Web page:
The tenancy committee goes on to review the reports from the advocacy and written exercises, as well as the work pupils have conducted for other members of chambers. Pupils liked that “there’s a big emphasis on it being an objective decision.” After the tenancy decision is made, a celebratory champagne party is held on the roof. In 2020, Brick Court kept on two of its threepupils. Once pupils become juniors, they can “keep a broad practice. You have a meeting with the clerks about your future practice. I wanted to do all three areas and they said ‘absolutely!’”
The Application Process
Initial applications through the Pupillage Gateway are anonymised “to cut out any sort of unconscious bias,” Bools tells us. These are given to the pupillage committee and some additional reviewers, who Bools says are “looking for evidence of outstanding intellectual ability – and not necessarily in law.”
Each application is marked ‘yes’ or ‘no’ to indicate whether a candidate should be invited along to an interview for a mini-pupillage at Brick Court. “If there’s disagreement, it’s put to the chair of the pupillage committee to decide,” Bools adds.
Out of over 300 applicants in 2019, around 125 were offered an interview. These initial 15-minute interviews are conducted by two members of the pupillage committee. Bools tells us the interview questions are “designed specifically not to require any legal knowledge and test analytical ability and reasoning. We’re looking for how they construct an argument, how they think on their feet and how they defend a position.” After this, interviewers score candidates against a set of criteria that include analytical ability and keeping calm under pressure. The results determine who gets offered a mini-pupillage – in 2019, 67 people were offered minis.
"We’re looking for how they construct an argument, how they think on their feet..."
Mini-pupillage is also scored against standardised criteria, and assessed work is blind-marked. After standardisation, the scores are added to the “master spreadsheet,” which Bools tells us “incorporates everything from the application to the mini-pupillage work – we then have an A3 spreadsheet that ranks all those who did the mini-pupillage in order.” The spreadsheet decides the 15-or-so who will get a final interview. The final interview is split into two parts. The first deals with a case report that applicants are given in advance for which they prepare a two-page skeleton argument to present for 15 minutes in front of the panel. Bools tells us interviewers then “probe a bit to assess the candidate’s ability to reason and think logically.”Then there’s part two: the unseen question, which interviewers pose and then “test the candidate’s position and whether they can maintain an argument on their feet.” After more standardised scoring, the panel comes to a collective score and makes pupillage offers to around five people a year.
Roka and (maki) roll
Successful applicants are taken to fancy Japanese restaurant Roka for lunch, where they can network with Brick Court barristers who are working on matters they may be interested in.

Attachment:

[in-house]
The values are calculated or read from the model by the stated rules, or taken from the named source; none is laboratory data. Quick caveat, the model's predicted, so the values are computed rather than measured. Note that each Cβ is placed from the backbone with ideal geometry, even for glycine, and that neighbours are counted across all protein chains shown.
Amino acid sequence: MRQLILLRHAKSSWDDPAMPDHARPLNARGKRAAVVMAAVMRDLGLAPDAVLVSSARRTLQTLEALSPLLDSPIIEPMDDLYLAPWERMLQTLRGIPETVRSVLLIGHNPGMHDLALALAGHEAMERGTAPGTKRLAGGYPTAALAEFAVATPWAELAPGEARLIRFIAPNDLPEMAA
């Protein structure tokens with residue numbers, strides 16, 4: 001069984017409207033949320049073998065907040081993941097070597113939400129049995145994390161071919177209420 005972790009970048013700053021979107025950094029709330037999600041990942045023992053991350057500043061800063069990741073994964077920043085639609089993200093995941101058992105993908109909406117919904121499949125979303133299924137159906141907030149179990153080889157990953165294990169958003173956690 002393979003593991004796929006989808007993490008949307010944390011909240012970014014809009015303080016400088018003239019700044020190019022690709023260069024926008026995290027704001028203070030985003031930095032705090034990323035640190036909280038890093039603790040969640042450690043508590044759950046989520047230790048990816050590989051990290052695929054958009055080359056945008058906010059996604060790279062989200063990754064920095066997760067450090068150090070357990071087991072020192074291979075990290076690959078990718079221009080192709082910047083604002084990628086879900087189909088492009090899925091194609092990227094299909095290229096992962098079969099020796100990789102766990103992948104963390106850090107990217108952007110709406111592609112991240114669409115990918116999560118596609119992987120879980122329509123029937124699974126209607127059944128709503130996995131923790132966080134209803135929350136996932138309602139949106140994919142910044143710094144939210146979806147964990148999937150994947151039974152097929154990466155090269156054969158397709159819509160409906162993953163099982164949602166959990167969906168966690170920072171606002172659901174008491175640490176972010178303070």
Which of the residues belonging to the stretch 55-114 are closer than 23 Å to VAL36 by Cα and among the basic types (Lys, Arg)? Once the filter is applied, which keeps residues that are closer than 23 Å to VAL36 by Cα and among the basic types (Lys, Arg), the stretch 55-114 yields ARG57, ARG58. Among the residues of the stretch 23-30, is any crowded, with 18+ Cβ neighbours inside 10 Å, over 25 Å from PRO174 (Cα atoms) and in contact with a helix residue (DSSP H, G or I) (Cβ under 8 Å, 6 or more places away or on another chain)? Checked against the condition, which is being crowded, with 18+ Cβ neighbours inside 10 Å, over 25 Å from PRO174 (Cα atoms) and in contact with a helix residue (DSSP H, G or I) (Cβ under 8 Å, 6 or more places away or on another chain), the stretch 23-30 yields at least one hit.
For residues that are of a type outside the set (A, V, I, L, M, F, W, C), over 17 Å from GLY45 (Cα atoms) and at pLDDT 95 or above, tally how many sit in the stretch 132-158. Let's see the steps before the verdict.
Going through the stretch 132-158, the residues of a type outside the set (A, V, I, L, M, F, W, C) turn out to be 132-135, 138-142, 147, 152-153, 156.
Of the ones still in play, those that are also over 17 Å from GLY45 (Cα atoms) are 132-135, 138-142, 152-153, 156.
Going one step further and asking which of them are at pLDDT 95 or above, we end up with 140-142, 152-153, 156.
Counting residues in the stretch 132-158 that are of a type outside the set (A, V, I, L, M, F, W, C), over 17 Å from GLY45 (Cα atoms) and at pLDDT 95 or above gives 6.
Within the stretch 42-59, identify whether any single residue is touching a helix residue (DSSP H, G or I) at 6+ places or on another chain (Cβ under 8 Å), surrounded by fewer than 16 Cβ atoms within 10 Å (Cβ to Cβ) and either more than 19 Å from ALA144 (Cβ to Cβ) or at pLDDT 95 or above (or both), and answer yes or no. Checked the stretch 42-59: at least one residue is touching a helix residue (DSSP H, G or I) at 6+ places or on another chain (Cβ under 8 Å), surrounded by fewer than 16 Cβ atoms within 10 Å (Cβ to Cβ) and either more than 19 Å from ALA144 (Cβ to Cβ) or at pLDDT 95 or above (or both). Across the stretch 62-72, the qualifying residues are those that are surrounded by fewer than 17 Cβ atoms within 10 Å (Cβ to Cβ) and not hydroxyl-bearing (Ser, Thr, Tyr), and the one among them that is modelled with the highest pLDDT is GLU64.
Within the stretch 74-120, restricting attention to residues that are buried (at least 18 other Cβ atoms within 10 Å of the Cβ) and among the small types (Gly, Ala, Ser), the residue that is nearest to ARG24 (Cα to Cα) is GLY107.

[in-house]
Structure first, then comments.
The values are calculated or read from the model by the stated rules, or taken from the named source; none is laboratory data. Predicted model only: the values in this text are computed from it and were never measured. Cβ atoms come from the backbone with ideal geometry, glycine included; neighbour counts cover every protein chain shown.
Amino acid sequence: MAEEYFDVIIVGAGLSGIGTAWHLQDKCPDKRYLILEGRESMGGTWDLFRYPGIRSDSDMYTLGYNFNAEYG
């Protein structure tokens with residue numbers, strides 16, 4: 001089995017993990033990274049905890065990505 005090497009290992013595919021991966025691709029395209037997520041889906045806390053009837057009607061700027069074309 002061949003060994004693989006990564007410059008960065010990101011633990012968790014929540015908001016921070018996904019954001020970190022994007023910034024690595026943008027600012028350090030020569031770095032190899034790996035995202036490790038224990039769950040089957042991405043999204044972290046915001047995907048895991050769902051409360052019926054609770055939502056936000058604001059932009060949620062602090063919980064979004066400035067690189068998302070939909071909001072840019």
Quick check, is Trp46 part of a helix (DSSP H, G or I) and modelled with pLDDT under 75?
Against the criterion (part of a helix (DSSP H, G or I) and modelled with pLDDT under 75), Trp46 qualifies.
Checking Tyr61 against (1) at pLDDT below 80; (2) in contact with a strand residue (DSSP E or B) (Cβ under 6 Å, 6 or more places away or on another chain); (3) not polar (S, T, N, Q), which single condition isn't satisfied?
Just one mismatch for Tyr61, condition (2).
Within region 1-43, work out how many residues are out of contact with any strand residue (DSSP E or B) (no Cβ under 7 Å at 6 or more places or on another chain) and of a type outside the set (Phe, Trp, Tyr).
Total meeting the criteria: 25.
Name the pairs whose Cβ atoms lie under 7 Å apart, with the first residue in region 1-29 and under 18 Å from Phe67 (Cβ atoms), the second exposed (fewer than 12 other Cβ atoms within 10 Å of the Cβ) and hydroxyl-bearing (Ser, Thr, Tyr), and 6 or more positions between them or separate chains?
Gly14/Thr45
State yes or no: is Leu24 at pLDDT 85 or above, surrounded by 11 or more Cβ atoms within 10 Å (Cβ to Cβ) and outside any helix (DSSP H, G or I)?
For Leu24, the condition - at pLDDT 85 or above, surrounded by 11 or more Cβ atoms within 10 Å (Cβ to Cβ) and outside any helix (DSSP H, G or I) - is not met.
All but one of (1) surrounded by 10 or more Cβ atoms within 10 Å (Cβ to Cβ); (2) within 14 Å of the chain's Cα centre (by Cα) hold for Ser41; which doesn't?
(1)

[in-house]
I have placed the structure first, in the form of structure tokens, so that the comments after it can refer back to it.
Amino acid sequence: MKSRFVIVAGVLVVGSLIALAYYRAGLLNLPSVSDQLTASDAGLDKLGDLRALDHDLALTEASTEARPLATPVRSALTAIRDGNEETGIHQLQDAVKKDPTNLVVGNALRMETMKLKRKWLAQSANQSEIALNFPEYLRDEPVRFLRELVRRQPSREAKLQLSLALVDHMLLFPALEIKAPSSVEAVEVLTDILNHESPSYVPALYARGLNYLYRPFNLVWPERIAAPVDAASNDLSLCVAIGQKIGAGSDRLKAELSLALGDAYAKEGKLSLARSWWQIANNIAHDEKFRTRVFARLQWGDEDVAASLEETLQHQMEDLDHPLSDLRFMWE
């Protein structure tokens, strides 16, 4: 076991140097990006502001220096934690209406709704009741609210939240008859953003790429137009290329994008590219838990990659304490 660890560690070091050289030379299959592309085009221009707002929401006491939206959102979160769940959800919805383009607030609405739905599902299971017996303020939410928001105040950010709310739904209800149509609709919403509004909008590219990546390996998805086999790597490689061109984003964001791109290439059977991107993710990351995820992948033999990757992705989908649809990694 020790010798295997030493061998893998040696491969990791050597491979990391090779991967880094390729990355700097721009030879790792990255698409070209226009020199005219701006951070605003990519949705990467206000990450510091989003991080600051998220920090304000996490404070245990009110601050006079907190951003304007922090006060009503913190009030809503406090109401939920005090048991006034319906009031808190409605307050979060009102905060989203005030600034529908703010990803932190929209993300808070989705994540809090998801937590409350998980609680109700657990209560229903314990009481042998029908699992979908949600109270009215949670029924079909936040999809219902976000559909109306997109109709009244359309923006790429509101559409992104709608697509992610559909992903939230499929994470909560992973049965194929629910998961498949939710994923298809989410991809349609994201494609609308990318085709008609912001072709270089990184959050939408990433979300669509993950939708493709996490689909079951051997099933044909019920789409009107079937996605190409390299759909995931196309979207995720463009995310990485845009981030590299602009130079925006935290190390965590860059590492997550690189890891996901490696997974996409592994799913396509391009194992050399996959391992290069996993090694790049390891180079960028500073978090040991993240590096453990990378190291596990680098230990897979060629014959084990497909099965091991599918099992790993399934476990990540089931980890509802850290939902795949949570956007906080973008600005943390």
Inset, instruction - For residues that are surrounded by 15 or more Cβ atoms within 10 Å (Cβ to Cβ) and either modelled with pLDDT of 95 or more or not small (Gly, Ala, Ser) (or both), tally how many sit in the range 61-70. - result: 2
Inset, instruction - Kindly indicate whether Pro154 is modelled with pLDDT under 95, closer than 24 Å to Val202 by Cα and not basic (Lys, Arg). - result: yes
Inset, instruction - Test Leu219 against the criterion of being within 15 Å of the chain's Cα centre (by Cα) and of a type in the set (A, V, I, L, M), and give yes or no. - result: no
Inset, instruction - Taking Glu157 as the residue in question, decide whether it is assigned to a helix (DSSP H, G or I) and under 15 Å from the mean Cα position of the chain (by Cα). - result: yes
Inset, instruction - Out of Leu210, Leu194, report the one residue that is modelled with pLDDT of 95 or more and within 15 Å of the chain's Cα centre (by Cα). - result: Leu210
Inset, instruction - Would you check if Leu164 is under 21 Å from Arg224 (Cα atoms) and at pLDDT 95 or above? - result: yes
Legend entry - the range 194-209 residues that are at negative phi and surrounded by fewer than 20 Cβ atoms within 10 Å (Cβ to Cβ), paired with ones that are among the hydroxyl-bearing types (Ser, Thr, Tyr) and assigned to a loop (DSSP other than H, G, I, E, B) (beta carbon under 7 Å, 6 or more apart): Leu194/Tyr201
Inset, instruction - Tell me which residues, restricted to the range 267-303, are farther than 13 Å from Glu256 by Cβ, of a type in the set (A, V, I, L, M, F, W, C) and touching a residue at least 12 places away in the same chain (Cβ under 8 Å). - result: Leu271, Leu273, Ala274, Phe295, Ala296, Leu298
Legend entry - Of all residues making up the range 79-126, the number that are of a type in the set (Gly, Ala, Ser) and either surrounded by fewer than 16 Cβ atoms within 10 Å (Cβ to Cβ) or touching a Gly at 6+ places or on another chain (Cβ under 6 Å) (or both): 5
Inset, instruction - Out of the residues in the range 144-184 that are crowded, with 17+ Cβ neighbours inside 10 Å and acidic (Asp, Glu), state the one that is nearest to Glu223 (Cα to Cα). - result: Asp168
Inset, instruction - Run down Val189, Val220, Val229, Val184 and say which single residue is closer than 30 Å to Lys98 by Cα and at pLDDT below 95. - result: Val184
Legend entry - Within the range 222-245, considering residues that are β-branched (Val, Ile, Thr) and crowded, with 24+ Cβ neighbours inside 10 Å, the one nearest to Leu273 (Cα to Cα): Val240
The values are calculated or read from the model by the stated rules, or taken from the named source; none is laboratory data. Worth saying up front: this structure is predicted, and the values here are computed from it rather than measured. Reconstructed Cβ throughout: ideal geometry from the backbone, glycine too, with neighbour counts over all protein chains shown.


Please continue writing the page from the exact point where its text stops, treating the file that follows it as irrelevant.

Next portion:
Brick Court Chambers
7-8 Essex Street,
- No of Silks: 44
- No of Juniors: 50
- No of Pupils: 5 (currently)
- ContactPupillage Manager: Mrs Lyana Peniston
- 020 7520 9881
- Method of application
- Pupillage Gateway Pupillages (pa): 12 months – 5
- Tenancies offered in the last three years: 7
Brick Court Chambers has long been a leading commercial set of Chambers. We also have particular expertise in EU/competition law and in the fields of public law and human rights law. In all our practice areas, members of Chambers are regularly involved in the leading cases of the day. Brick Court is fully committed to equality of opportunity and considers it important that family and professional life should be compatible. We are particularly proud of the fact that all female tenants with children have continued in practice at Brick Court.
Candidates are generally expected to have a first or good upper second class degree and to demonstrate outstanding intellectual ability, not necessarily in law.
We regard it as important to provide a broad training to our pupils. Some will wish to develop a commercial practice whilst others will prefer to specialise in EU or competition, or in public law and human rights. An increasing number of our tenants have practices which traverse more than one of these fields. We also take considerable care in relation to the training we provide to our pupils. For example, advocacy exercises under the supervision of senior members of Chambers are an integral part of pupillage at Brick Court. Further information about pupillage can be found on our website.
Mini-pupillages are an important part of our pupillage selection procedures. We do not expect to select pupils merely on interview, nor do we expect you to make your choice on such a limited basis. Please apply once you are eligible to do so and before applying for pupillage. The application form, together with a note of any deadlines for applications, can be found on the pupillage page of our website.
All 12-month pupillages carry an award of at least £65,000 which is divided into two parts: £45,000 for the first six (non-practising) with the remaining £20,000 being paid during the second six (practising). Up to £25,000 of the first six award may be drawn down during the year prior to pupillage (subject to Chambers’ approval). Chambers pays for all compulsory courses during pupillage, and for all pupils to accompany their pupil supervisor to a hearing before the European Courts if the opportunity arises.